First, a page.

With Gucci’s return to the menswear catwalk calendar, continued strong sales of Italian fashion, and a farewell to the virtual show trend due to the pandemic, all the systems are in place for Men’s Fashion Week in Milan on Friday. start moving.
The presentation of the Fall-Winter 2023/2024 men’s collections continues with hopeful spectacle and optimism through Tuesday after a year of the strongest growth in Italian fashion sales in the last 20 years.
Of the 79 shows, only 4 are digital. It’s a holdover from the debilitating pandemic period, when sales plummeted and live runway shows were cancelled.
Fashion consultant Elisabetta Cavatorta told AFP there is no substitute for “live experience, enthusiasm, anticipation, applause, top models parading down the catwalk and powerful music.”
Most highly anticipated is fashion powerhouse Gucci, who is hosting an all-menswear show for the first time in three years.
This is the first time since the abrupt departure of artistic director Alessandro Michele in November.
With the bold and colorful collection that permeated the 1970s, Michele gave it new life after being tapped in 2015 to revive sales of the famous brand with its world-famous green and red stripe logo. rice field.
Sales of Kering’s flagship brands exploded by 44% in 2018, but growth over the past two years has lagged its competitors.
“It remains to be seen whether the departure of Alessandro Michele will initiate a reorientation for the fashion house,” said Cavatorta.
As to who will succeed Gucci, the fashion world is waiting with bated breath for news of Michele’s successor.
Armani, Prada, Fendi, Dolce & Gabbana and Zegna are among the big labels planning to launch men’s collections in the Italian fashion capital.
But there are also exiles, including Versace, who plans to present its men’s and women’s collections simultaneously in Los Angeles on March 10.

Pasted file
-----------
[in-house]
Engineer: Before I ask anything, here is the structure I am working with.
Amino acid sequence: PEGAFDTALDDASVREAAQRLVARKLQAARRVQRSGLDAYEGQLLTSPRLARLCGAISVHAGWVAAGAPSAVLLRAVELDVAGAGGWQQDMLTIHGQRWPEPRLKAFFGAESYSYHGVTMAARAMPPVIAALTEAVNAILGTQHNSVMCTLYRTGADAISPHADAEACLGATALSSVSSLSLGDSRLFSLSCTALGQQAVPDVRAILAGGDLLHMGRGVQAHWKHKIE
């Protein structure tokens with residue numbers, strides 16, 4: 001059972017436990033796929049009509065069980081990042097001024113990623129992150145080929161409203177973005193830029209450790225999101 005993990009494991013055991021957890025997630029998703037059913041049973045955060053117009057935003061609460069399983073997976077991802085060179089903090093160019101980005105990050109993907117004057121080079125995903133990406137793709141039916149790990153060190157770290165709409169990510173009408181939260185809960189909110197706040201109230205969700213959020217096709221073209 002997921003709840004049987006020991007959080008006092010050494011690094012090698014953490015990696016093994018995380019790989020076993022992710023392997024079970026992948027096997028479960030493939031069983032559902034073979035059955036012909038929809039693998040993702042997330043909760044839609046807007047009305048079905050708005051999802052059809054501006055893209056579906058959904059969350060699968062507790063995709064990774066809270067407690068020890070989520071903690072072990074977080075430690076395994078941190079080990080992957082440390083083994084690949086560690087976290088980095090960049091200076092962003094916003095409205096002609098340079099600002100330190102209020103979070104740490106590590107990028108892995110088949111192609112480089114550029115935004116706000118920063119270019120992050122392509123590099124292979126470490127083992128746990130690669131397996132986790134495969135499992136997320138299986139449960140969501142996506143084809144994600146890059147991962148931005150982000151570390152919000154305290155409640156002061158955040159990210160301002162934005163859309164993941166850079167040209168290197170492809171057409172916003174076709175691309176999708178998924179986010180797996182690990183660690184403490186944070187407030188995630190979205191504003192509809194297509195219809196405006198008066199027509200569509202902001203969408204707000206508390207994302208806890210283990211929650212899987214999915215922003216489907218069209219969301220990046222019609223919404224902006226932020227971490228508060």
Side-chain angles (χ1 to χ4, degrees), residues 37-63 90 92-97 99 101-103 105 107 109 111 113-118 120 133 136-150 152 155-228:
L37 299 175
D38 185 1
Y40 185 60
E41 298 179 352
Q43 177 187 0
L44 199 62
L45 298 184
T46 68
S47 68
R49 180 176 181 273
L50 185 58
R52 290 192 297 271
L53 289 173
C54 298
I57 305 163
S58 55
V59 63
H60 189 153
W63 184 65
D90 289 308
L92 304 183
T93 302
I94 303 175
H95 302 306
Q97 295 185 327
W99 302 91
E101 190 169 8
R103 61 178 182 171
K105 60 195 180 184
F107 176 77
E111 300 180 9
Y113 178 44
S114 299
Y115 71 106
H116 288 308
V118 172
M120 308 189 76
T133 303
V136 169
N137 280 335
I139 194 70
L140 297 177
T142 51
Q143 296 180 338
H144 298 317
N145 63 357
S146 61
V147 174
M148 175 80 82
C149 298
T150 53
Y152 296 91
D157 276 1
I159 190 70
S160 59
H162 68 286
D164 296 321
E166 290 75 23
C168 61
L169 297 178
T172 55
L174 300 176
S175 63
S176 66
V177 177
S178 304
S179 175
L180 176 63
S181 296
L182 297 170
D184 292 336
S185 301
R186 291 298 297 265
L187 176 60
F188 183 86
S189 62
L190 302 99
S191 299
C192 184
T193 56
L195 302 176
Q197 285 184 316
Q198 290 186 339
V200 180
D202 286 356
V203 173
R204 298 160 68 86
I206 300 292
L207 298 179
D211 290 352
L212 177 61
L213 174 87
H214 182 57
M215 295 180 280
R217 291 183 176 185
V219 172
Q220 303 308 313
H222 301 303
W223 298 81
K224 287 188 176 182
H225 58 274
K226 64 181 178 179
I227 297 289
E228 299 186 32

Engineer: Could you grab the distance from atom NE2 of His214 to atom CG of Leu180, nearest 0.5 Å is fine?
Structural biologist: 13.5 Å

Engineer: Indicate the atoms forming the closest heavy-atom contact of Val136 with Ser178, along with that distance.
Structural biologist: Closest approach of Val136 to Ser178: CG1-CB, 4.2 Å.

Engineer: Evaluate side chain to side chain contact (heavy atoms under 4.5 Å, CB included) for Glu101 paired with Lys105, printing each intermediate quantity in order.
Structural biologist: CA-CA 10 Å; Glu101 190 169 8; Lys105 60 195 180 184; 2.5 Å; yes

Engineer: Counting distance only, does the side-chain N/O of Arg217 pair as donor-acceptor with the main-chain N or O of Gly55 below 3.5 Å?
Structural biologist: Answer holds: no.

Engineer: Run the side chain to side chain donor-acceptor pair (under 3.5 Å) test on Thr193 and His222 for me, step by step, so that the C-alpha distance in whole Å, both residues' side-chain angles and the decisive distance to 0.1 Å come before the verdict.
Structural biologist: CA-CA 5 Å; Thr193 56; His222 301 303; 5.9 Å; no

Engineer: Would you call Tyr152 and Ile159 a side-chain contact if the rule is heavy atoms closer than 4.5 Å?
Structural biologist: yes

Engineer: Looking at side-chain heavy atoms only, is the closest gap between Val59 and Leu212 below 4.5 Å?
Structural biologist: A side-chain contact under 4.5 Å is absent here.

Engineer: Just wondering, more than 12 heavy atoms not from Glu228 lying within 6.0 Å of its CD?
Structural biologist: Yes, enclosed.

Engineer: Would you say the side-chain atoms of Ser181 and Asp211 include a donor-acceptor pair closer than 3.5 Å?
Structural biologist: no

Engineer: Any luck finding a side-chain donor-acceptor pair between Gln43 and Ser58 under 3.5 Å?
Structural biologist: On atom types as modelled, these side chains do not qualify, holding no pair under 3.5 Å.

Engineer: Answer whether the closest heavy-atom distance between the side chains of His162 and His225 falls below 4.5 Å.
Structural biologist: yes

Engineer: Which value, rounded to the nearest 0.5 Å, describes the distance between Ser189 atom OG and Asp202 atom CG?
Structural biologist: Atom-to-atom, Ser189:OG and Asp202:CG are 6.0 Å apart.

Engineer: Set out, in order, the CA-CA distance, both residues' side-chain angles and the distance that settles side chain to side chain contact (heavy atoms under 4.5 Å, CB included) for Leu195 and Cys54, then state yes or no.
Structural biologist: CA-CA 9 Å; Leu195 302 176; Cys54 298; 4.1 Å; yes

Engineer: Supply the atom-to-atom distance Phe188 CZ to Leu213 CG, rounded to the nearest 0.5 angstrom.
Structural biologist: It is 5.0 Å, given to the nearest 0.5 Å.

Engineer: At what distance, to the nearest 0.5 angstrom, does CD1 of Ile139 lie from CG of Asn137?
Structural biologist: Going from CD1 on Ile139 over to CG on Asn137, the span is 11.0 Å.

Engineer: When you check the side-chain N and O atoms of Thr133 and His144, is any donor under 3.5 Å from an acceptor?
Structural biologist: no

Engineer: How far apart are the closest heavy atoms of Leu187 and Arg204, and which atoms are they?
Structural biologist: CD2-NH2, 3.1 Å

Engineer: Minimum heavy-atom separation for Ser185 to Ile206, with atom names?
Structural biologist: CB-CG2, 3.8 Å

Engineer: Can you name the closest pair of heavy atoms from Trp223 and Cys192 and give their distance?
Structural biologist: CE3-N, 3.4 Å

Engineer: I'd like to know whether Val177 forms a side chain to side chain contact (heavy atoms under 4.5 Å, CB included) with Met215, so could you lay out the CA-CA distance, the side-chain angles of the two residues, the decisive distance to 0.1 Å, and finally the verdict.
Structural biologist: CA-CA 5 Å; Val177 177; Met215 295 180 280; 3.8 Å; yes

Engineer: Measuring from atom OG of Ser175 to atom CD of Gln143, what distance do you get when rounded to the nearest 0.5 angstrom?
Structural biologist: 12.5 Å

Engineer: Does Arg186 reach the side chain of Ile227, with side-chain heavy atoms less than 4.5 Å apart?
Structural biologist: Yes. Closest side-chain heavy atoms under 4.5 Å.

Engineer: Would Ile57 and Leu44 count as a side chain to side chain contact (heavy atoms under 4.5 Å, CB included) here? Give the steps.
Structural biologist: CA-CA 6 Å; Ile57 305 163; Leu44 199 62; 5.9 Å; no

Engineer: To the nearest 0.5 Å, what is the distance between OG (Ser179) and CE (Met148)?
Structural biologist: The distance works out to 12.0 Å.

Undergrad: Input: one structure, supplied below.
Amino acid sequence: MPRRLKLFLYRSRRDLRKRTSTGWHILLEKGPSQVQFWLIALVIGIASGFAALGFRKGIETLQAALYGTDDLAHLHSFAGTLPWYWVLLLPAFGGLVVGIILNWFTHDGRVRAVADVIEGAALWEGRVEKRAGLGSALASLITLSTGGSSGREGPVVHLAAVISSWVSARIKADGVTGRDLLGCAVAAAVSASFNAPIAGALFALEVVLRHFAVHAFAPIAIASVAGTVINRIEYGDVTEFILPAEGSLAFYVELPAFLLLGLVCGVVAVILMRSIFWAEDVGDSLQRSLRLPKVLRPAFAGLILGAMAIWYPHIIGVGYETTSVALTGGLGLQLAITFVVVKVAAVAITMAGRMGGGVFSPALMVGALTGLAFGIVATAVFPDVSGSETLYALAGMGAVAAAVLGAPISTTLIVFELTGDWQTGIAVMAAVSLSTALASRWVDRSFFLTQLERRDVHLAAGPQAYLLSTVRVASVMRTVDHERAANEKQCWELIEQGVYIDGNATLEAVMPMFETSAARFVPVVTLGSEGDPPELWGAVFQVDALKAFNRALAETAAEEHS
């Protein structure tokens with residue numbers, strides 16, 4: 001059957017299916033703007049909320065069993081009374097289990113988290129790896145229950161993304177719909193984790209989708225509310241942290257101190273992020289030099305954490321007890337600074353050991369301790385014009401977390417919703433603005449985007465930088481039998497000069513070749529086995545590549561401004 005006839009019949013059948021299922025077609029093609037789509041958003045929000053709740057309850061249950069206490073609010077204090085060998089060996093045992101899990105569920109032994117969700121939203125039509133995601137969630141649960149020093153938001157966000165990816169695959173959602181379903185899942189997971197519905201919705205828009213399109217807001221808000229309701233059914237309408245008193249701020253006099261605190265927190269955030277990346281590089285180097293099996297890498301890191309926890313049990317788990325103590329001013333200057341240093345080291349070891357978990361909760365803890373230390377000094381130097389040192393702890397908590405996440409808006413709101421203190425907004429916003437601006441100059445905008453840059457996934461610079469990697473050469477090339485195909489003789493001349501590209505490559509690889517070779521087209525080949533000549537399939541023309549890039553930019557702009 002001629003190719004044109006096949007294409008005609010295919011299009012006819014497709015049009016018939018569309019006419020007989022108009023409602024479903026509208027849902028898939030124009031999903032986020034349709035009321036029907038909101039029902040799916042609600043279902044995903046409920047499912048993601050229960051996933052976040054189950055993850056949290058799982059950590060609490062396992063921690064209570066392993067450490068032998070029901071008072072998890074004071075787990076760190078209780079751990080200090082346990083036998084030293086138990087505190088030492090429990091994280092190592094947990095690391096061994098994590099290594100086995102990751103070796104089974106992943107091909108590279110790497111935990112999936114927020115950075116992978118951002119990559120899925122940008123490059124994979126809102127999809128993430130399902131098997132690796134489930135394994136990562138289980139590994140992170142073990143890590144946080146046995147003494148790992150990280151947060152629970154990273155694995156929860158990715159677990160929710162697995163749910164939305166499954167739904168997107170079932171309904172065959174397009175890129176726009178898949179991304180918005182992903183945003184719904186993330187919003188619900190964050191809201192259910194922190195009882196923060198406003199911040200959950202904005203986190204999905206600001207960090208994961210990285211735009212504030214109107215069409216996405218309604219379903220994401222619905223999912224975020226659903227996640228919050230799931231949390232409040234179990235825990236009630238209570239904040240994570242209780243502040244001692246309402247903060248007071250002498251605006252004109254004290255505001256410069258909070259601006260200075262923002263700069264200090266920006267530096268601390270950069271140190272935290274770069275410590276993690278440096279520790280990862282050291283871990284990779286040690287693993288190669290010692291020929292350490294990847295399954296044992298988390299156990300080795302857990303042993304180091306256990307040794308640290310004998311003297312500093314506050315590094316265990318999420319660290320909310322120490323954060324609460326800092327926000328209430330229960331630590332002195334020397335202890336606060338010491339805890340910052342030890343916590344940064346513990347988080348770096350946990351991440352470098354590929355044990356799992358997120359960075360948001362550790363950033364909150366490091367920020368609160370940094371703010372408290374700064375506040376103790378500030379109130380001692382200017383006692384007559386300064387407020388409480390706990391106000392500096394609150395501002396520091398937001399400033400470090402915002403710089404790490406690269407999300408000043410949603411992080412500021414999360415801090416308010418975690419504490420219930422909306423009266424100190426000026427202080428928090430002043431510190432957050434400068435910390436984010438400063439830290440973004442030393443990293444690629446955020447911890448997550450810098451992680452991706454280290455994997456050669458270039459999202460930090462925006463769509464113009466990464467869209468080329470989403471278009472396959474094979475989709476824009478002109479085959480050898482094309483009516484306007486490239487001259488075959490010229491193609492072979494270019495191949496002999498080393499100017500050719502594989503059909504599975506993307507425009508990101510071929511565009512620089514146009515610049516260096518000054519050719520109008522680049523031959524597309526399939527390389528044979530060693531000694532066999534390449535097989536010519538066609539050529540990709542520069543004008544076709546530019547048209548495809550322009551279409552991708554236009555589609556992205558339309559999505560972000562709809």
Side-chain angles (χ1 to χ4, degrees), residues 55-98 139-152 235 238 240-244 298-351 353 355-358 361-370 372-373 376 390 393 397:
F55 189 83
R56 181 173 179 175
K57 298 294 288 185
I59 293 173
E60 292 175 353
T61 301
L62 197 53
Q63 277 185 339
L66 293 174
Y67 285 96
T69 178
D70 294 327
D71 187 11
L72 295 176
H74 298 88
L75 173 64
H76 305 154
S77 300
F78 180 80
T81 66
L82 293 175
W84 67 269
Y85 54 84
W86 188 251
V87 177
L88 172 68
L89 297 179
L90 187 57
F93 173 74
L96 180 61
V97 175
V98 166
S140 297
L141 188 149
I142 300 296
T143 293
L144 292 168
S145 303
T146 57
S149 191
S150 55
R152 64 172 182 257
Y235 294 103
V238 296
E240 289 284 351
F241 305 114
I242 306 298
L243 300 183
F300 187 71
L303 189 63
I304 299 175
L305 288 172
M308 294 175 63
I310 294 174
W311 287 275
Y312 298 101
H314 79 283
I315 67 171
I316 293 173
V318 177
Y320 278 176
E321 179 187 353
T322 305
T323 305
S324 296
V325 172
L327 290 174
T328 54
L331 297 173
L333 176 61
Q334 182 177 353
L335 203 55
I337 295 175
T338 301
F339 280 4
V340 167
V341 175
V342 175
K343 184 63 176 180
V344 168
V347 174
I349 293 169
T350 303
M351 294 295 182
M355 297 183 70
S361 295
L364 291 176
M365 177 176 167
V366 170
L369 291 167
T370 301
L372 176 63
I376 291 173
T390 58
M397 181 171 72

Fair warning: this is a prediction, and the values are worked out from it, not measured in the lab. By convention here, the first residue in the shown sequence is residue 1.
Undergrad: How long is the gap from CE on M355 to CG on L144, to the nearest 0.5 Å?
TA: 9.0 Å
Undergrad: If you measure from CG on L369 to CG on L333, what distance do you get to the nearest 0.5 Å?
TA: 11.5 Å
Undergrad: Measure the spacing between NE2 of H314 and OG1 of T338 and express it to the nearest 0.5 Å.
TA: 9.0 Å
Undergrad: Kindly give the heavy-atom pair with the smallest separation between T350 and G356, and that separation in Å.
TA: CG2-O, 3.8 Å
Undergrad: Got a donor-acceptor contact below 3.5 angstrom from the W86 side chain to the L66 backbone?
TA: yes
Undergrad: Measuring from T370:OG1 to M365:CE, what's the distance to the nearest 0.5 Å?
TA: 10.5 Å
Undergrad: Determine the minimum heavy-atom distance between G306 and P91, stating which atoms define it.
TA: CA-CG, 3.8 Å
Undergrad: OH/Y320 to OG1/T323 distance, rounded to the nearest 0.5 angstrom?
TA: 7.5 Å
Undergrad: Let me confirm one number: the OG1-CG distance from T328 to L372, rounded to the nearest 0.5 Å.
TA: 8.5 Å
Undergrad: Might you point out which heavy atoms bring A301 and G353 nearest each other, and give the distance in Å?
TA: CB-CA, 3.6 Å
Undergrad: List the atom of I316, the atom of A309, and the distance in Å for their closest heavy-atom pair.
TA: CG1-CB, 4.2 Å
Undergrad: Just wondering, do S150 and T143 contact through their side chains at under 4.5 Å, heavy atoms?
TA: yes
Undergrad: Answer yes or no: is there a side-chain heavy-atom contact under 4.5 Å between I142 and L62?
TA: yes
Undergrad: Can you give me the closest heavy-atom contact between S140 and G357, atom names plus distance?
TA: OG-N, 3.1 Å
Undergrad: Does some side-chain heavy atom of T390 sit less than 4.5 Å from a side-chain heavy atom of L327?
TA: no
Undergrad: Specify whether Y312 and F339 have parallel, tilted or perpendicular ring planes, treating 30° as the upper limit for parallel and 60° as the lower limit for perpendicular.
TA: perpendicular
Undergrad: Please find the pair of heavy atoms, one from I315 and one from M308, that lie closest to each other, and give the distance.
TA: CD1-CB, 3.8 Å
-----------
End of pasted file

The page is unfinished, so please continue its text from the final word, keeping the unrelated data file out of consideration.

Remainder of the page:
Despite the war in Ukraine and the impact of the energy crisis on energy-intensive fashion supply chains, Italian fashion sales rose 16% to €96.6 billion ($104.4 billion) last year.
“This is the highest earnings in the last 20 years,” said Carlo Capasa, president of the Italian Chamber of Fashion and Commerce, in a presentation ahead of last month’s show.
Inflation played a role as fashion prices in Italy rose by about 9% in 2022, but the rise is “a positive sign as we close out a year marked by dramatic events and difficult times.”
Exports of ‘Made in Italy’ fashion increased by 18.7 percent in the first nine months of last year, driven by demand in the United States and the Gulf States, with exports both surging more than 50 percent.
Sales to China grew modestly by 18.8%, while exports to Russia fell by 26% following the invasion of Ukraine.
But one area where the impact of the Covid-19 crisis is still being felt in Milan is the absence of Chinese buyers.
Despite the lifting of coronavirus-related health restrictions by Beijing authorities, the number of buyers traveling to the city for the show will be “limited,” Capasa said.